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Journal of the History of Sexuality 10.2 (2001) 343-346

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Book Review

A Natural History of Rape:
Biological Bases of Sexual Coercion

A Natural History of Rape: Biological Bases of Sexual Coercion. By Randy Thornhill and Craig T. Palmer. Cambridge, MA: MIT Press, 2000. Pp. 251. $28.95 (cloth).

On page 105 of their book, A Natural History of Rape: Biological Bases of Sexual Coercion, Randy Thornhill and Craig T. Palmer assert, without documentation, that there is a conspiracy to exclude their ideas on rape from scholarly journals and academic conferences and to prevent those who share their views from gaining employment at the university level. If this book is any indication, the cause of their problems is not a conspiracy, but the fact that their ideas have little merit.

The authors' thesis is that only evolutionary biology can illuminate the ultimate causes of rape. According to Thornhill and Palmer, rape has only a biological basis; it has evolved through natural selection as an alternative [End Page 343] behavior. In their view, rape arose in response to environments that existed thousands of years ago. While reproductive interests continue to motivate both genders, men and women behave in different ways: men compete to gain sex, whereas women seek to secure the best possible parent for their offspring. The authors contend that opponents of their approach--and among these they list social scientists, feminists, Stephen Jay Gould, Freudians, and adherents of postmodernism--cannot recognize the truth because they are blinded by ideology.

The authors' thesis is unconvincing. First, while dismissing others as ideological, Thornhill and Palmer fail to recognize their own ideology. They believe that science, unlike other disciplines, is objective and truthful, though the history of science has shown that biologists and evolutionists are not free of sexism and racism. Second, in asserting that "rape is entirely based on biology" (p. 154), Thornhill and Palmer seem to believe that nothing can be learned from scholars in the social sciences or the humanities, except perhaps from Camille Paglia. Although they argue that our behavior today is shaped by events that occurred long ago, they fail to examine what historians know about that time. For example, they claim that contemporary Western civilization is more rape-prone than earlier societies and that in the past women married younger, when they were most fertile; but they fail to supply data to support either of these assertions. In fact, they seem unfamiliar with any publications on the history of rape. Their footnote for Talmudic rape law reads: "According to John Hartung, an expert on the Bible and related documents, the Codes of Maimonides are the foundation of all Western legal systems (personal communication)" (p. 207 n. 2). In other words, the authors do not refer to any other law codes, including those from classical antiquity, medieval Europe, or non-Western cultures. Even in the case of the Talmud, they do not cite any book on the history of law, but rather rely on a personal communication! Rape law is complex, and the avoidance of complexity is typical of this book.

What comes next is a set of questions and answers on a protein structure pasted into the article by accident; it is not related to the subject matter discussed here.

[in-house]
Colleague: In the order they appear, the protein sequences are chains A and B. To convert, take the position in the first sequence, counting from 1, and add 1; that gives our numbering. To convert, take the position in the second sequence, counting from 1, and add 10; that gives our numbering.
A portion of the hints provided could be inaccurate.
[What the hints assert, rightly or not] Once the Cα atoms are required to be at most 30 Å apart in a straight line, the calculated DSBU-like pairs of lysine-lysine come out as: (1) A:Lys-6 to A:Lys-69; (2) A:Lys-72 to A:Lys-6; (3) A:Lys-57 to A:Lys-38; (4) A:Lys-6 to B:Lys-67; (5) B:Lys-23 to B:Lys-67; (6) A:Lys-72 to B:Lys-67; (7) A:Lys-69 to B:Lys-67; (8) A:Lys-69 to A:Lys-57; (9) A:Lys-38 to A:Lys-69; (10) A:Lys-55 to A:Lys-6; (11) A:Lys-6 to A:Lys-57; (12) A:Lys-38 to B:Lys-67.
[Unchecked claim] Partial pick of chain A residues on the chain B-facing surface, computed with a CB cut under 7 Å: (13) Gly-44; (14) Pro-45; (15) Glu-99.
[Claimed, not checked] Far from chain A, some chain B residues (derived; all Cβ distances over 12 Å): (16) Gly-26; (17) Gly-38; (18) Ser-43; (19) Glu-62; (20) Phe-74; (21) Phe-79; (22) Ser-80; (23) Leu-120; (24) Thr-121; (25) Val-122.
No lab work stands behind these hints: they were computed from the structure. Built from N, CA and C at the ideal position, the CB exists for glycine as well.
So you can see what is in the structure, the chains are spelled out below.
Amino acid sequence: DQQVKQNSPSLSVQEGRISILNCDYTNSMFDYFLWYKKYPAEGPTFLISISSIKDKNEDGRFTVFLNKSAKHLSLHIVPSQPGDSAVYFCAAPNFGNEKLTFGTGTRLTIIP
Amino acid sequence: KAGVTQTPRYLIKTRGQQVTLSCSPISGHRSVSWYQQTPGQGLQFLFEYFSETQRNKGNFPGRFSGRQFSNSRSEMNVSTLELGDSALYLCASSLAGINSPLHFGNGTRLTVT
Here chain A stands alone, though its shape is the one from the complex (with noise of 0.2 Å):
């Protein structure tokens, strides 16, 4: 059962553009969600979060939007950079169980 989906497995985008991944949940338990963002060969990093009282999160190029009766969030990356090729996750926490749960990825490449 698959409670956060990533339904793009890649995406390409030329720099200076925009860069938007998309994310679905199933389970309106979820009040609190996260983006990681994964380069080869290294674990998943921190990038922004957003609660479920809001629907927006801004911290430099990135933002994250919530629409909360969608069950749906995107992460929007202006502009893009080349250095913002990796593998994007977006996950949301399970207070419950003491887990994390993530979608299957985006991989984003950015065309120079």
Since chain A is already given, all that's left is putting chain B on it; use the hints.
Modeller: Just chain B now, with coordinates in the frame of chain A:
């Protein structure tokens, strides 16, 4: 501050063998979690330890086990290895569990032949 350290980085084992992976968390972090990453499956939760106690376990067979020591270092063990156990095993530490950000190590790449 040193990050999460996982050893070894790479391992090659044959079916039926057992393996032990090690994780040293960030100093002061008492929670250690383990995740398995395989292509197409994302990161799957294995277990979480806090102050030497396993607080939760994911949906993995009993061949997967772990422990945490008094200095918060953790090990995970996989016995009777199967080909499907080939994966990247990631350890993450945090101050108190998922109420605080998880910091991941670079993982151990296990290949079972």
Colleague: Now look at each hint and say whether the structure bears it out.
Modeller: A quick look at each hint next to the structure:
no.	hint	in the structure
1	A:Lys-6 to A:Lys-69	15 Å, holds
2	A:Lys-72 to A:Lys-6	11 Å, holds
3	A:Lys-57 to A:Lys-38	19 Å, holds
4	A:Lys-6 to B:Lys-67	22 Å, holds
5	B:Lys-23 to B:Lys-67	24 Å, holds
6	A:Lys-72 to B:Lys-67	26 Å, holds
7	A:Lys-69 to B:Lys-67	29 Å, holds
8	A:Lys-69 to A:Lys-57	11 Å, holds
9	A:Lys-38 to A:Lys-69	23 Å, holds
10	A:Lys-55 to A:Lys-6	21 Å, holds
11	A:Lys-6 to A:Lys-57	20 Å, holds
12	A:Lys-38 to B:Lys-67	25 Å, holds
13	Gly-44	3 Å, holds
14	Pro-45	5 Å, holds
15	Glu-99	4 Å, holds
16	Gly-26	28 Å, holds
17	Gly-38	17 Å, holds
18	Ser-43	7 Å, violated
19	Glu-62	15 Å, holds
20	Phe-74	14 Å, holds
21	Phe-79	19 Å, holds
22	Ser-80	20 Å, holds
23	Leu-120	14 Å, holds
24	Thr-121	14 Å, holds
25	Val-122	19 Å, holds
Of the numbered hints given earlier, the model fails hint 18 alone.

Thornhill and Palmer frequently state that evolutionary theory will prove something but that scientists cannot declare the answer before the evidence is in. Yet they assert: "We know of no studies of social knowledge that males and females differ in these ways, but we predict that such studies would reveal that such knowledge exists" (pp. 159-60); and, similarly, "[T]he evolutionary approach to the study of rape victims' psychological pain holds great promise of discovering the detailed nature of the cues that activate the pain" (p. 97), but no studies are cited. In fact, the authors fail to reference many assertions. The statement that "people everywhere understand sex to be something that women have and that men want" (p. 160) is typical of their approach.

Thornhill and Palmer often misread statements outside their area of expertise. For example, first they cite Susan Brownmiller (1976, back cover): [End Page 344]

It is not a crime of lust but of violence...


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